I'm with him up to the second half of the second sentence, beginning with "and rather...". I'm not 100% sure what he means by "a national inventory of common public orthodoxies"; I suppose it refers to various liberal (in the non-classical sense) doctrines concerning sex, race, secularism, and so forth. And I'm not convinced that these doctrines represent primarily "the triumph of the Will of each and every individual over his or her own individual nature." At least I wouldn't put it that way; his preceding mention of the "radically individualist and autonomist ethic" is clearer and, I think, more significant.

But, as I noted in the beginning, I do think that this urge to bring everything under the control of one central government, for the good of all, is the predominant note of what we call liberalism or progressivism. The benevolent intention is genuine, and that makes it very easy for liberals to believe that opposition to their ideas can only be motivated by anti-benevolence. (I think the left in general is more morally confident than the right; conservatives are easily put on the defensive, liberals less so.)

Well, if most people benefit in some way, and no one is being executed or tortured or sent to a concentration camp, where's the harm?--a shallow question with a deep answer that isn't generally taken seriously by those who ask the question. The resolution of the seeming paradox that Gairdner notes--increasing control at the service of increasing freedom--is in the fact that the presumption of absolute personal autonomy, the rule of the imperial self, prevails only in certain respects, above all in sexual freedom, which seems to be the real religion of a great many influential people. More importantly, it's a religion favored by the state, at least when liberals are in power, and when that religion begins to conflict with others we can see the seriously oppressive potential of the net of laws.

Which brings me to those recent events I mentioned, the main one being the Obama administration's move to require that Catholic institutions provide insurance covering contraception and sterilization to their employees. Among other things, this points up the folly of trying to impose a rigidly uniform and detailed health care system on a very diverse nation. (What, you thought diversity was supposed to be a good thing? Yes, but not the kind that leaves people free to do what progressives do not wish them to do.)

More fundamentally, what we see stirring here is the old enemy of the Church, Caesar, insisting again that he is the real God, the one you really have to obey in the end. You can have your rites and superstitions, he says; you can do what you like in your private worship. But you must acknowledge that Caesar is supreme. In this matter, as in the movement to establish rights for homosexuality at the expense of religious freedom, we're seeing the beginning of a real effort to subjugate the Church. Whether or not one thinks "microfascism" is a good word to describe the machinery in operation here, it's an ominous development, and ought to be recognized for what it is.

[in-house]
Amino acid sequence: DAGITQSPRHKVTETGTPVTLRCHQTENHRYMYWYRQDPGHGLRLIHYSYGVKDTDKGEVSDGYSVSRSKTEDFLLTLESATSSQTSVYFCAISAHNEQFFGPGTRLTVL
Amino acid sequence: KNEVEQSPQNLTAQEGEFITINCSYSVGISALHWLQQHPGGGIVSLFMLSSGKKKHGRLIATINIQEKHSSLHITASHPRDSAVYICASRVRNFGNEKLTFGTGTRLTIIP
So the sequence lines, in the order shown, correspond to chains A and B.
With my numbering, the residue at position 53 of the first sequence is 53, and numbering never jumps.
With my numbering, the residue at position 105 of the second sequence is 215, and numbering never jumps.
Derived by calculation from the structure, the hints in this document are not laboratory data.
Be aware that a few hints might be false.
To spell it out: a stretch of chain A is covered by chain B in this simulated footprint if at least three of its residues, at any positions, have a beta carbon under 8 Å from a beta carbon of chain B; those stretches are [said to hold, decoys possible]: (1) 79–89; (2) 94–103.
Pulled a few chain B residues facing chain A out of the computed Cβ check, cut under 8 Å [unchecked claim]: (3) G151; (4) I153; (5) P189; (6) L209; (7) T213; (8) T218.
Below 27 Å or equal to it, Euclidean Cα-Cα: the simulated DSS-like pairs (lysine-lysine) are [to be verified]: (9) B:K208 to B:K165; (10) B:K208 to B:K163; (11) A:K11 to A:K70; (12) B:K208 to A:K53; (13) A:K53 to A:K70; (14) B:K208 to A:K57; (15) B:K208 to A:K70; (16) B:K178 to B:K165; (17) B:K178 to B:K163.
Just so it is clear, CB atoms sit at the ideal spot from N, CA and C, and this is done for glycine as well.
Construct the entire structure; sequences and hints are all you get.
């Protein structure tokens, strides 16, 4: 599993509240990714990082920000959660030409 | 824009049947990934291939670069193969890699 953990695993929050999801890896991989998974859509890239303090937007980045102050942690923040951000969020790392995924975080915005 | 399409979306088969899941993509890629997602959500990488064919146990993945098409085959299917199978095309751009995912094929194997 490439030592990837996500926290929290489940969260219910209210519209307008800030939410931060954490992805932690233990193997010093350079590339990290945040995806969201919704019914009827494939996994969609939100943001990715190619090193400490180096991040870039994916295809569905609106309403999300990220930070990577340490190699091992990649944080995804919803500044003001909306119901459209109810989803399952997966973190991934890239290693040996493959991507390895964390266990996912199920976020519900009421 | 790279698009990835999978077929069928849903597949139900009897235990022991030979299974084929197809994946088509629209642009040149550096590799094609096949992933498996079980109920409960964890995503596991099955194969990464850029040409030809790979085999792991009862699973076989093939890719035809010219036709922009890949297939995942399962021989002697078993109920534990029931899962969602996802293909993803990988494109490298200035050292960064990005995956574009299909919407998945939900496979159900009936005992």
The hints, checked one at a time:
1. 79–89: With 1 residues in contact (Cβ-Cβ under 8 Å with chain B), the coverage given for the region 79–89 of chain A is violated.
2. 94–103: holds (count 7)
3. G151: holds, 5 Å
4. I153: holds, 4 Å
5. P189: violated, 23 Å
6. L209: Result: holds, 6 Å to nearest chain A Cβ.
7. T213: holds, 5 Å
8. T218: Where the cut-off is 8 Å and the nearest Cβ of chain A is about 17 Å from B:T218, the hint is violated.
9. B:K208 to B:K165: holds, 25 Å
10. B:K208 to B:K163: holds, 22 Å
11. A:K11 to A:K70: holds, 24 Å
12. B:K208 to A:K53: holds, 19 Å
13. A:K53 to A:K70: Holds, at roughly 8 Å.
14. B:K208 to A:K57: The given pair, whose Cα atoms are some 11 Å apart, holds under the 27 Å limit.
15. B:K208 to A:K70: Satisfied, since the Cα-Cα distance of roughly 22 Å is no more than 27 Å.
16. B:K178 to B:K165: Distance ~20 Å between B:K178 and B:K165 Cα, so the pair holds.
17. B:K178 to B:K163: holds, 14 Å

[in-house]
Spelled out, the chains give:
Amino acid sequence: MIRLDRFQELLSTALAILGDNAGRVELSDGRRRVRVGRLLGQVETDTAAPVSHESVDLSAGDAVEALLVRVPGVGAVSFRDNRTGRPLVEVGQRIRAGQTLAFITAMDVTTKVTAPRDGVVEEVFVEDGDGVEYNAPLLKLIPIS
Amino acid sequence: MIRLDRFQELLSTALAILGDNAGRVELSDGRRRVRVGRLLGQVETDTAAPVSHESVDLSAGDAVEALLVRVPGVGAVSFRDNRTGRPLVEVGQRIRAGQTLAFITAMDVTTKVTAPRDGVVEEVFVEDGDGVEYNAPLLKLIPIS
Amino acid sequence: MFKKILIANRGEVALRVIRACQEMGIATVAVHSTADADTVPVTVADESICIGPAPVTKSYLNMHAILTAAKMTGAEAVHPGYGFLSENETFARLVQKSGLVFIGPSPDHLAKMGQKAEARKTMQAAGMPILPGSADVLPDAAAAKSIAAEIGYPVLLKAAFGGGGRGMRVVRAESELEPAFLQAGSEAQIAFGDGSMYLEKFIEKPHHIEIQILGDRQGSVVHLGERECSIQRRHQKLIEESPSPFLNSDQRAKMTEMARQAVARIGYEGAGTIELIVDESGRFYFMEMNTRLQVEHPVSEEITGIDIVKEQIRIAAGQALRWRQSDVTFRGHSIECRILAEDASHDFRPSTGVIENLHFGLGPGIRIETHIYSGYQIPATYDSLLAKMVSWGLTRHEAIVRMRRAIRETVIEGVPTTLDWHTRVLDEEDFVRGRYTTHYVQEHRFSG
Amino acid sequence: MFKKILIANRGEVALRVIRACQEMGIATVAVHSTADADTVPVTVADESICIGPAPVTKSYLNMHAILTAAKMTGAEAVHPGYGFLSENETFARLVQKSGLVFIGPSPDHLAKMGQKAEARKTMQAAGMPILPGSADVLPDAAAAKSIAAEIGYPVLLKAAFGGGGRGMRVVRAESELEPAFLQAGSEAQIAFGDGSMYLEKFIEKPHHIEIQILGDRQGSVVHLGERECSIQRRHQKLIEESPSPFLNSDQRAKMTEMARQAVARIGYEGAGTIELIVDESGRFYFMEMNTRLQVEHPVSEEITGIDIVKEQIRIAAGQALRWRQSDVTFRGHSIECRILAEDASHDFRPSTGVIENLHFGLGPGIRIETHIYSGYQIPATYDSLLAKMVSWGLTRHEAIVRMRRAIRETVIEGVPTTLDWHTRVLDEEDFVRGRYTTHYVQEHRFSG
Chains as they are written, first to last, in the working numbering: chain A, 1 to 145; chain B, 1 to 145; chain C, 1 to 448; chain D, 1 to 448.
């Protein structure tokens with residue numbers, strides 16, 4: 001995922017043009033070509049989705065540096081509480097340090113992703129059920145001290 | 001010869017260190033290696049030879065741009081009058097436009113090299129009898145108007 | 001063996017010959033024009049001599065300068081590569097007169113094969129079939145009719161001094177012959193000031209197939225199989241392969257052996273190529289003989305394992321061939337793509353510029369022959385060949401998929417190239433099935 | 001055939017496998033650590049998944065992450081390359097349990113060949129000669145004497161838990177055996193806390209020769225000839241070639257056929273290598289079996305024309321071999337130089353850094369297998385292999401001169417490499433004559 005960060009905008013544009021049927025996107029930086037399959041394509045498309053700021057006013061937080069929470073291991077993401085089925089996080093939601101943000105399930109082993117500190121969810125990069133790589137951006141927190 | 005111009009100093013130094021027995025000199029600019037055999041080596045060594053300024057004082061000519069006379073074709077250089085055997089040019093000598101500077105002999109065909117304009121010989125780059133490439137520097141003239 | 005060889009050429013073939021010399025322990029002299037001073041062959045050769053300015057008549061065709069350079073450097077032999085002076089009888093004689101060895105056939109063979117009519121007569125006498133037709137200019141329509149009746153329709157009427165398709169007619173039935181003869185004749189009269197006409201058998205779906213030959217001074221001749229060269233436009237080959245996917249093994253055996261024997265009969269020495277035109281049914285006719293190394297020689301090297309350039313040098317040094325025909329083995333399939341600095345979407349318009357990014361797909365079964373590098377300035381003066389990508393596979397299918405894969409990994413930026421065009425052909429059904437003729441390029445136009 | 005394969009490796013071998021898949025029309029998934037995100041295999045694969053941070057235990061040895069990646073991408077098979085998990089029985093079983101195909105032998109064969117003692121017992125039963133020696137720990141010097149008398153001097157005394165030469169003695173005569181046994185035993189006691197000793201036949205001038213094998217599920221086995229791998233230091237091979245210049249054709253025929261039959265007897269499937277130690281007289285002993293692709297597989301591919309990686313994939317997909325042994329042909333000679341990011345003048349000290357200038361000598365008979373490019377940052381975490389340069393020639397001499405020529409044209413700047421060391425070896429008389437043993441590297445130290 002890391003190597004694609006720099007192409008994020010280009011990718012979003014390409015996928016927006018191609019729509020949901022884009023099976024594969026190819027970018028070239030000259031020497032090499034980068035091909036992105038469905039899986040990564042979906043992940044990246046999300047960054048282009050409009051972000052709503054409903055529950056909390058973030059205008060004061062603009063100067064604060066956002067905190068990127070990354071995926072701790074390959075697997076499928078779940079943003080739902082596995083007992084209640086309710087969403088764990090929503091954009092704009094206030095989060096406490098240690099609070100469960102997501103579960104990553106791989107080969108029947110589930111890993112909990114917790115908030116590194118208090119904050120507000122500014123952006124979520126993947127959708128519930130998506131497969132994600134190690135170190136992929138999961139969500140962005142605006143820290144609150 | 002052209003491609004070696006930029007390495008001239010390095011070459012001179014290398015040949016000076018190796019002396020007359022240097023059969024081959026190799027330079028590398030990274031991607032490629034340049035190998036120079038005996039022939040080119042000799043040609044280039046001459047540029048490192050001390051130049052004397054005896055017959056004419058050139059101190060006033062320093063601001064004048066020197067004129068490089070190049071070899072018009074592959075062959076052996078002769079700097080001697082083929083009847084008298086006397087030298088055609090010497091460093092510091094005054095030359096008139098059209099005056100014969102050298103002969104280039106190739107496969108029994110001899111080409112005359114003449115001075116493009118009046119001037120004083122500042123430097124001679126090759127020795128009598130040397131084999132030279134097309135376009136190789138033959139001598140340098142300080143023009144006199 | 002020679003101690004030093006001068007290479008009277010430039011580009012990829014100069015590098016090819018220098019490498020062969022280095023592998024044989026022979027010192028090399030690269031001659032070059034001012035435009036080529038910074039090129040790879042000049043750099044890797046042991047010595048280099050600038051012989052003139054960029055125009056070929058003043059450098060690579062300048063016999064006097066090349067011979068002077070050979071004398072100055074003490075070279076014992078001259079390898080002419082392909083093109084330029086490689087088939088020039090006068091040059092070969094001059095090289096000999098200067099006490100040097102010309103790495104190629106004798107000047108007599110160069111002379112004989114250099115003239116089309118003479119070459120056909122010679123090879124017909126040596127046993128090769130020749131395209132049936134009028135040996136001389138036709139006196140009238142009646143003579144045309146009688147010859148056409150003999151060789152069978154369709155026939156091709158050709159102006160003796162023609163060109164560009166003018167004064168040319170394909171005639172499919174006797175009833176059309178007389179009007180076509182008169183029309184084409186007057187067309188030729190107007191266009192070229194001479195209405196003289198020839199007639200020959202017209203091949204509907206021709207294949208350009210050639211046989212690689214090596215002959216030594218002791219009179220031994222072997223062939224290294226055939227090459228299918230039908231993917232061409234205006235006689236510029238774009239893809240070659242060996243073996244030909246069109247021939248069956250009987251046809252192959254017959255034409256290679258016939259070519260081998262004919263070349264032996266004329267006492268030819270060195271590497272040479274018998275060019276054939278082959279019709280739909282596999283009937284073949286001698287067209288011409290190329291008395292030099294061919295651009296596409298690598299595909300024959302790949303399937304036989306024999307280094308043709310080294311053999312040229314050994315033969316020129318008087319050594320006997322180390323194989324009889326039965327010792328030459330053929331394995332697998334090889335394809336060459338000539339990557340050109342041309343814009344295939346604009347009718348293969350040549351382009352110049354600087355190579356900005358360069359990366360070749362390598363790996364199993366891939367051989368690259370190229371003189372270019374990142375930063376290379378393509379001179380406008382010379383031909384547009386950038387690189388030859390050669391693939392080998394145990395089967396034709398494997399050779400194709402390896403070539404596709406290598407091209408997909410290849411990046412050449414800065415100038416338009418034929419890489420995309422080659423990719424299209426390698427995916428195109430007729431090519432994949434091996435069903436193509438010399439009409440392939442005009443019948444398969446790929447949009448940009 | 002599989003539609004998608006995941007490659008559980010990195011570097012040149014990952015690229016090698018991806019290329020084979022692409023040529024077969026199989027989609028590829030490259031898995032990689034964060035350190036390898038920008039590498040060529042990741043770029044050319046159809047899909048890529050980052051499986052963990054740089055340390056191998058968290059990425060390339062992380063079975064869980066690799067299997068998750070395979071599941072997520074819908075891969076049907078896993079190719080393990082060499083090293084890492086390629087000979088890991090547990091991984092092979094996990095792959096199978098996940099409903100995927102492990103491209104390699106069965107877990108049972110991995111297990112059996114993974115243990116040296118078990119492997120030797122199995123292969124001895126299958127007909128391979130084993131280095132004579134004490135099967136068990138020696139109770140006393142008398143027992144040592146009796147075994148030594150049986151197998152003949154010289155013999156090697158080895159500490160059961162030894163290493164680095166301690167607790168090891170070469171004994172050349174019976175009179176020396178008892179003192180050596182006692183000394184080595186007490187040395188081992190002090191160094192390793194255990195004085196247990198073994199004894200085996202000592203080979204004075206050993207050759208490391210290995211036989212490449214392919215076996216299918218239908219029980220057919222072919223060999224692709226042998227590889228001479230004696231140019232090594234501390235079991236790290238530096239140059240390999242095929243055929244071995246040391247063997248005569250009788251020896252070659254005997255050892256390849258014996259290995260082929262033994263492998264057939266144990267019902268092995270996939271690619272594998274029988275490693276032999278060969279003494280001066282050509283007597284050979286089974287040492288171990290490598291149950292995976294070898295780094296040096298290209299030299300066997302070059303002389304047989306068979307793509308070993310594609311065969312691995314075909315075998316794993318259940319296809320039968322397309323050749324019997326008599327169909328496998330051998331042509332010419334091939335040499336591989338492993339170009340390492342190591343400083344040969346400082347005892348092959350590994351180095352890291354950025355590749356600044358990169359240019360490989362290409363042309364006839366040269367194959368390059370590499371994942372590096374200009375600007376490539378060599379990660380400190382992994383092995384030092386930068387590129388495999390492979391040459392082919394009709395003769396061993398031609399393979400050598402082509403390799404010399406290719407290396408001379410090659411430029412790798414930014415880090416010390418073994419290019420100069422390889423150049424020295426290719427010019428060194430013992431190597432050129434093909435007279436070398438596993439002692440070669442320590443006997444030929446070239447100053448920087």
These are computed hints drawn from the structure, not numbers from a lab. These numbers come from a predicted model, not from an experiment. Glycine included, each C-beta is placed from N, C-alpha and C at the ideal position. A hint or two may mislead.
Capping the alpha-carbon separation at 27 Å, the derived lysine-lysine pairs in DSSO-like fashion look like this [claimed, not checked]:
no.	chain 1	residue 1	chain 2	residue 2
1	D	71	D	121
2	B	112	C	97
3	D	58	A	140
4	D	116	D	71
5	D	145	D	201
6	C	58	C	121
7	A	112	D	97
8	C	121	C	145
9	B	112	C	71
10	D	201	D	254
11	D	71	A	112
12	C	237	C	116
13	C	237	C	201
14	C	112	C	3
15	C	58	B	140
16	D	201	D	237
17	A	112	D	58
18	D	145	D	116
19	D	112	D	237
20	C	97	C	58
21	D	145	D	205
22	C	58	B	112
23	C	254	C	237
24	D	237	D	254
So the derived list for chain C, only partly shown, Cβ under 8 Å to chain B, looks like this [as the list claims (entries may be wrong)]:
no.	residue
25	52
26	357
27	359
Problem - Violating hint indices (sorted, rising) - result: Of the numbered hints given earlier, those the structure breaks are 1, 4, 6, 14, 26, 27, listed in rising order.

As for Obama: I didn't vote for him in 2008 but I respected him. I no longer do. His conciliatory and unifying rhetoric was hot air. Or rather, what he seems to have meant is that conciliation and unity are to be achieved by our doing as he wishes--which does, after all, have more than a hint of fascism about it.


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You know, usually when the SNJ is about something political, I think, "Too bad," or maybe even "Yuck," and I just kind of skim over it. However, I was hoping that you would write something like this, because, unfortunately, I think we have gotten to the point where we just have to.

It's a very rare thing for me to post anything on Facebook that is in the least bit controversial, because I just don't want to start discussions there that I don't want to finish there. This morning, however, I reposted an article on this topic by a priest who is a friend of mine because I think it's something that we have to talk about. I'm not really looking forward to it, though. I'm not sure when I got to be so wimpy. I probably need to take some lessons from Louise.


I'll get back to you in a bit--first I have to recover from the shock of learning that you don't read and ponder every word I write.


Well ok, that didn't take long. :-)

I'm the same way with Fb. I have some liberal "friends" (old acquaintances I haven't seen for years, for the most part) on Fb who air their views often and loudly, sometimes abrasively. Sometimes I think about replying, and then I think, "why bother?" They'll only get more worked up, and it will be both unpleasant and a waste of time. I haven't seen the thing you posted--I'll look for it.

Really, I've gotten that way about almost all political discussion, or "discussion," with people who aren't somewhere in the same general vicinity. It takes a certain amount of common ground even to get started, and then there's the rage factor. But as you say, there comes a point...


The ones I ponder, though, I really ponder.


I will have to go look for it too.

You're excused, then, Janet.

I didn't notice that Maclin said he would go look until Ex Pat said the same. There were a couple of people that I thought would say something negative, but I guess they didn't open it to see what was there.

I wonder if you saw the moon pictures.


No I didn't see the moon photos. I suspect the problem is I have too many 'friends' all posting like crazy, or a few 'friends' who post all the time. So I miss a lot of posts because they are pushed down the page. I don't go out of my way to 'friend' people. But it seems rude most of the time not to confirm those who 'friend' me.